The Myth of the Paleo Diet
I have been hearing about the Paleo Diet for a few years now, ever since a close friend of mine was convinced by her trainer that the Paleo Diet was the ultimate method for weight reduction, health, and well-being. The rules were you couldn’t eat anything a cave man wouldn’t have eaten, ostensibly subsisting on lots of red meat, poultry, seafood and fish, eggs, fruits and nuts. You were also allowed non-starch vegetables and fruit, but the trainer emphasized loading up on animal products. You couldn’t eat any grains, legumes, potatoes, or anything refined or processed. The reasoning for this, at least according to trainer extraordinaire Odie, was that the diet of Paleolithic man is the one most perfectly suited to human evolution. Evidently diet and nutrition were perfected in a desperate time when cannibalism was rampant and the life expectancy of a man was 35.4 years and 30 years for a woman (click here and here for reports).
Dr. McDougall has written a detailed article refuting all the tenets of the Paleo Diet, citing numerous research reports to emphasize how unhealthy and utterly ridiculous its claims are. He believes the popularity of the diet lies in the fact that it reinforces bad behavior, mainly America’s tendency to load our plates with gigantic proportions of animal flesh. More than half of a Paleo dieter’s food consists of meats, organs, fish and seafood, a diet based on artery-clogging saturated fats, cholesterol, and highly acidic, bone-damaging animal proteins. Moreover, the Paleo diet contradicts the irrefutable fact that healthy people throughout verifiable human history have obtained the bulk of their calories from starch. There have only been a few small, isolated populations such as the Arctic natives, living in an extreme environment, who have eaten otherwise. Starch, not animals, is the traditional diet of humans and in fact the longest living populations subsist mostly on starch-based, low animal food diets. Examples include the people of Okinawa, Japan; Nicoya, Costa Rica; Sardinia, Italy; Ikaria, Greece, and the Seventh Day Adventists in Loma Linda, California.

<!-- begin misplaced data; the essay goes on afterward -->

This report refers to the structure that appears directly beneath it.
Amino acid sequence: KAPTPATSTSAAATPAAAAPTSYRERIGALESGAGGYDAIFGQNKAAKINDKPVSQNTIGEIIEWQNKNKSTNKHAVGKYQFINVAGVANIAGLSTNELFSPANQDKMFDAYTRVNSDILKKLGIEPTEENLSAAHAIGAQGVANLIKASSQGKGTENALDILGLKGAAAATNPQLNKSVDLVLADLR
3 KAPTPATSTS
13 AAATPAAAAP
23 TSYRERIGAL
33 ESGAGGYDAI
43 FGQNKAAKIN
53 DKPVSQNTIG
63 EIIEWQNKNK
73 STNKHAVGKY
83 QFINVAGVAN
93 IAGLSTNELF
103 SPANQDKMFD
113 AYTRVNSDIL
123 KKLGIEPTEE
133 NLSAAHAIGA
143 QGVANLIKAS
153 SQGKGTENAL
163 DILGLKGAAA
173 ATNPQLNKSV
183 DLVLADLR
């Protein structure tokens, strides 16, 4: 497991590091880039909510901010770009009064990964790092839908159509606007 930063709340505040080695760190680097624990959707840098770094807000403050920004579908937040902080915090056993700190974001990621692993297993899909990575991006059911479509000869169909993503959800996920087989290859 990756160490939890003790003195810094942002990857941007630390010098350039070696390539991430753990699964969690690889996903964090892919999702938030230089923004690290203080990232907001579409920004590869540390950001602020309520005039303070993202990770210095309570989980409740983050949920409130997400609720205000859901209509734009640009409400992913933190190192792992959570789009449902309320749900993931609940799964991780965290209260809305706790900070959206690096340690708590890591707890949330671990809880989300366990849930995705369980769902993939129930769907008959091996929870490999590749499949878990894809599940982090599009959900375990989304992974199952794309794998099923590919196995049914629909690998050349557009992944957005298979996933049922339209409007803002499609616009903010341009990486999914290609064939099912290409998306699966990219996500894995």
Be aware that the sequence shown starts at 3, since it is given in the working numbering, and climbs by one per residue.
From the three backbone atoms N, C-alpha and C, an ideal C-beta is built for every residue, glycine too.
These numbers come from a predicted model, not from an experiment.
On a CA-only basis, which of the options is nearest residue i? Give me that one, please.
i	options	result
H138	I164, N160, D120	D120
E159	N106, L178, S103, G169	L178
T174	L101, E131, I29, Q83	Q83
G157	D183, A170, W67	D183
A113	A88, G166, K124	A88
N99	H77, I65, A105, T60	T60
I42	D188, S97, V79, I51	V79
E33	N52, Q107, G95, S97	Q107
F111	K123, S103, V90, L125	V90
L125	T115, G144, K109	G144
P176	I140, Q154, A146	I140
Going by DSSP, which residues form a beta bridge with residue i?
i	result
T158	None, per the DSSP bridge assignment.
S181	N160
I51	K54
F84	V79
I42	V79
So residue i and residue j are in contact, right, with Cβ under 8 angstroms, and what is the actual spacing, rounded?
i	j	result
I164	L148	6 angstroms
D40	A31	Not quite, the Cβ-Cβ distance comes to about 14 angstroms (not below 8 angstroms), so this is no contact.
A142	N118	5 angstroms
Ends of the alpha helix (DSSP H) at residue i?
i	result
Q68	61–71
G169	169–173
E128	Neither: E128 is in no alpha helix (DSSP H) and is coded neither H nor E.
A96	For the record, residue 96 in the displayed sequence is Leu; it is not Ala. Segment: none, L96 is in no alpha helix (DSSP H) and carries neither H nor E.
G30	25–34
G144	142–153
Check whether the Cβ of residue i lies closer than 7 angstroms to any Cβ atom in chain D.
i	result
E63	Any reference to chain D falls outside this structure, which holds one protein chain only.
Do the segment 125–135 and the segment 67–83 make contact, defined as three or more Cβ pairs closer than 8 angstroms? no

According to Dr. Cordain, the author of the Paleo Diet, “The Agricultural Revolution changed the world and allowed civilizations-cities, culture, technological and medical achievements, and scientific knowledge-to develop.” The efficient production of starchy staples such as grains, legumes and potatoes-foods forbidden by the Paleo diet-allowed civilization to progress. Dr. Cordain finishes by saying, “Without them (starches, like wheat, rice, corn, and potatoes), the world could support one-tenth or less of our present population.” So the author of the Paleo Diet himself admits that human progress would have been retarded without the efficient production of starches and that a diet based on animal proteins would have grave ecological and environmental effects. Dr. McDougall, a staunch advocate of plant-based, whole food, low fat eating has an alternative to the Paleo Diet: a diet based on complex carbohydrates rather than proteins and fats to promote weight loss and prevent illness.